Not with a gangbang but a whimper

Matt Seaton expected a thrill or two when he met a group of erotic writers. They almost left him unsatisfied
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Indy Lifestyle Online
Kat O' Reilly's daughter warned her that she'd meet "a right lot of pervs". But, says Kat, a 56-year-old artist and mother of two, "they're not. They're totally normal!"

She seems to be right. It's the launch party for the Guild of Erotic Writers, held last week in an actors' club just off the Strand in London. No one turns up in bondage gear, or arrives leading a friend on a leash. There's barely a pierced ear in sight, let alone a pierced nipple. Kat herself - newly embarked on a literary career - has short dark hair and green eyes and is wearing a floral-print boiler suit.

What's more, there's not the slightest sign of any moth-eaten middle- aged men with thick glasses and pockets full of dodgy Polaroids. Whenever I do approach anyone who looks slightly pervy, they turn out to be journalists.

Twenty-three-year-old Jason Arnopp works for the heavy-metal magazine Kerrang! (the black jeans, stubble and back-combed big hair are dead giveaways). When he's not in the office, or at a gig, however, he is also Steve Clawfinger, erotic writer. He writes short stories, he says, both to amuse and to arouse. "Some people hack out readers' letters for the mainstream girlie mags, and that's fine, but I want to actually make a story - not just 'me and my girlfriend's greatest shag'."

Luckily for Jason, there is a more discerning publisher around: Erotic Stories, a bi-monthly started about three years ago as a spin-off from Forum magazine. The Guild of Erotic Writers is the magazine's baby, rather than a spontaneous act of solidarity among downtrodden fabulists.

Membership costs pounds 10 a year, for which members receive advice about where to submit their work and, for a small extra fee, a critical-reading service for stories not accepted for publication. But the venture is, naturally enough, not entirely disinterested. "Hopefully," says Elizabeth Coldwell, editor of Forum, "the guild will bring new writers to our attention."

Scarlet Wilde (a nom de plume, naturally) is already established. A tall 27-year-old sporting a red bob and cream silk shirt, she believes in being up-front about sexuality. One of her first jobs was conducting sex surveys for women's magazines, which involved button-holing women in the street and asking them about their orgasms. She says: "Women aren't sexually satisfied" with a ring of missionary zeal in her voice.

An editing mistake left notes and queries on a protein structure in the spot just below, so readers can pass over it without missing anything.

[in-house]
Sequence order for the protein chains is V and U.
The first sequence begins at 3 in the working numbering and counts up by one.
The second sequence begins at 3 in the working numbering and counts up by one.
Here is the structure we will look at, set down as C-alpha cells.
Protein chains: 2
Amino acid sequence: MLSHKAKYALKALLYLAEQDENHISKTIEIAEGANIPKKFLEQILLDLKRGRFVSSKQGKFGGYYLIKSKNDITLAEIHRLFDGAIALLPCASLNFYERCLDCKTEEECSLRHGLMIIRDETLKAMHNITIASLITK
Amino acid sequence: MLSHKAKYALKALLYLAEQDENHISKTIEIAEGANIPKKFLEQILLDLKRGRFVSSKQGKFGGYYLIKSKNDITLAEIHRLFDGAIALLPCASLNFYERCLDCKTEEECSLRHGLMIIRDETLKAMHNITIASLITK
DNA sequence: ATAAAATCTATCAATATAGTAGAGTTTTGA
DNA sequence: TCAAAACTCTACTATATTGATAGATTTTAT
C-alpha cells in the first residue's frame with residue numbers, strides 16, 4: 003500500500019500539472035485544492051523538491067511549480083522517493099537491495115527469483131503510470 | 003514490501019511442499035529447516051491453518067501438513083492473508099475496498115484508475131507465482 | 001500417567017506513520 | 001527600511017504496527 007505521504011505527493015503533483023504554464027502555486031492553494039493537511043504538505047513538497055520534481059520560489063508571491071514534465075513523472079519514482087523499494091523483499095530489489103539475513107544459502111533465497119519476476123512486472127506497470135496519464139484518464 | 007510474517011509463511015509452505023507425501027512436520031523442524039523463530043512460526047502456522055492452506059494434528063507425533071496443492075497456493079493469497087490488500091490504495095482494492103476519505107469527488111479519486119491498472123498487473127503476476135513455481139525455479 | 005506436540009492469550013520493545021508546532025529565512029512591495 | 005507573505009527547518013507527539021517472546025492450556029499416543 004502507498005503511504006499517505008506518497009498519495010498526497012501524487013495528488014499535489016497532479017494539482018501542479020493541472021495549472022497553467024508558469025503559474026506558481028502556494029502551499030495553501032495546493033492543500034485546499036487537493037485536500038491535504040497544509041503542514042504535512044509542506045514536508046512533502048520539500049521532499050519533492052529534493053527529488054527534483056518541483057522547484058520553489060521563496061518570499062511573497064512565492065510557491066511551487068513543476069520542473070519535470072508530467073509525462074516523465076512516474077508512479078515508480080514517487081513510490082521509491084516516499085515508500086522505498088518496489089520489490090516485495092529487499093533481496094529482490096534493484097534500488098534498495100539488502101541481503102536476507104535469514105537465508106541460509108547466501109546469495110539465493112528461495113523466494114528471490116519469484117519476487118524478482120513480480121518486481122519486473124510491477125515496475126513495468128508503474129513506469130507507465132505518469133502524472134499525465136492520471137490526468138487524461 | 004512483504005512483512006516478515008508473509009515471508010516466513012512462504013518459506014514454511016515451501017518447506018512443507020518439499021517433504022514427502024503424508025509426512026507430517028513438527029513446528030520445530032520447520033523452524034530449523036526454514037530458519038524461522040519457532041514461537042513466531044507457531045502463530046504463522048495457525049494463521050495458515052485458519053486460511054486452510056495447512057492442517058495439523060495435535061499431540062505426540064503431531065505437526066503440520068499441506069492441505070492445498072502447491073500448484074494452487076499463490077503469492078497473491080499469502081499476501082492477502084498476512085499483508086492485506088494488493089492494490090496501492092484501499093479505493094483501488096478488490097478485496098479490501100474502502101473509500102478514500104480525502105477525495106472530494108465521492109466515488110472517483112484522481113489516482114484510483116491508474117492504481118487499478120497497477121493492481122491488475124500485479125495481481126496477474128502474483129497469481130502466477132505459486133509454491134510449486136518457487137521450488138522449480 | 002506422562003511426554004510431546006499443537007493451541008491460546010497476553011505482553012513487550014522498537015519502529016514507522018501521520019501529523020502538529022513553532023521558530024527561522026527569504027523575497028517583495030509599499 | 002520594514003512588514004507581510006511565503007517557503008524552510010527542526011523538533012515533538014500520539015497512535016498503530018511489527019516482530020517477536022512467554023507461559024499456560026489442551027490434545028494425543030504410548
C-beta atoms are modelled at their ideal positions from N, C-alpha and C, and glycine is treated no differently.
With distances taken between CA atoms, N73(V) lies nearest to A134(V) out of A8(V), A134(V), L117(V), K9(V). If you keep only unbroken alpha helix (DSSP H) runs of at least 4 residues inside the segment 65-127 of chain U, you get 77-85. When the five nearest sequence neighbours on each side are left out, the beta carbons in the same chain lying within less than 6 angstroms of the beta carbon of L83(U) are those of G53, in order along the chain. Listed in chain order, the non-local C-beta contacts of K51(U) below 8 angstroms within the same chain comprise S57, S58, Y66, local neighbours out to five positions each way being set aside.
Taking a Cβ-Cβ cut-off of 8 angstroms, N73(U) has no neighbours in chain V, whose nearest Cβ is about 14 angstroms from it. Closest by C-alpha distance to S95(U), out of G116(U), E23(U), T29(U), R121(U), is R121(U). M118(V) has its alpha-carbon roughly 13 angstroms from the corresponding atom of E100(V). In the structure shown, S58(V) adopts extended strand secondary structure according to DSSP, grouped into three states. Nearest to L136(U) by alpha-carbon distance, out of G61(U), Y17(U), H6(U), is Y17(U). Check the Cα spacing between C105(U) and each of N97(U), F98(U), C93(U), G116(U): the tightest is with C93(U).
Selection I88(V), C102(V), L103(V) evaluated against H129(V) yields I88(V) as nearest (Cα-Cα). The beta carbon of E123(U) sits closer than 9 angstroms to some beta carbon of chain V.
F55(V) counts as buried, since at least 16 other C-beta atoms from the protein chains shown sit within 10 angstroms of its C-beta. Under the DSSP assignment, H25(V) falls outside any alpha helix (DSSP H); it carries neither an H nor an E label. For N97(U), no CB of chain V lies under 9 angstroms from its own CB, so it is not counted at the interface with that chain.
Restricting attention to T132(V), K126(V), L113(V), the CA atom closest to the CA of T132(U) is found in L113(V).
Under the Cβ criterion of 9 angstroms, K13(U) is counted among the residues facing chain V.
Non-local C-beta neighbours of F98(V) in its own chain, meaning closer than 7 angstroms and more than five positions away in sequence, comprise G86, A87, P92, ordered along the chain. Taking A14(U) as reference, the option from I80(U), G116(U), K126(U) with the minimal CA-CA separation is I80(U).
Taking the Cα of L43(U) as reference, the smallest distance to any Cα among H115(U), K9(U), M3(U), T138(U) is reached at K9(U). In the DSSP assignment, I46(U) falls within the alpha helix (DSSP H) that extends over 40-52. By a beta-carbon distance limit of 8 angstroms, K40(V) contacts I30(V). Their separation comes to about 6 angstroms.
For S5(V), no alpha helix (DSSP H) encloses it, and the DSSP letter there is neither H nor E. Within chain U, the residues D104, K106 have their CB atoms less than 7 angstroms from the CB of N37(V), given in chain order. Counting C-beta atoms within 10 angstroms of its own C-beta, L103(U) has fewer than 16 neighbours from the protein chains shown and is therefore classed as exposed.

Her friend Jade Marlow - a retired exotic dancer in decollete black dress and lots of gold jewellery - nods in agreement. What bugs her is that all the sexlines advertised in the magazines are for men. If a woman wants to dial some dirty talking, "the facility isn't available. So for women fiction is a substitute. Women prefer the written word because there's more depth - it stirs the imagination."

Antoine Seche, 25, and his girlfriend, Selina Giles, 23, are an improbably beautiful couple who look as if they should be presenting some super- hip show on MTV instead of hobnobbing with the smuterati. In fact, Seche works as a TV actor and started writing erotic stories a couple of years ago. "I found I could toss one off," he says somewhat ill-advisedly, "in four or five hours. And at pounds 150 a go it was good fun."

He was talked into it by a friend who belongs to the Erotic Stories advisory board. Knowing Mr Seche's love of Arthurian legend, the friend phoned him and said: "Look, I'll give you a good first line and you write the rest. 'I call it Excalibur', he said, dropping his chain mail trousers'."

Just when it looks as though erotic writers are squeaky-clean and come in any flavour you like as long as it's vanilla, Sir Guy Mastleigh comes to the rescue.

Sir Guy is bearded and wears sandals; he looks as if he might be a biology teacher, a sort of scaled-down David Bellamy. In fact, Sir Guy (a nom de guerre, perhaps) is a businessman as well as an author. He and his wife run the Academy Club: a place in Hertfordshire where members go to relive their schooldays. It's all about "power relationships", apparently - you can just let go and, whatever you do, "the consequences won't be too severe", explains Sir Guy, not altogether convincingly. He also runs the Other Pony Club, which, he says, "is more about sex". At last, a right perv after all.

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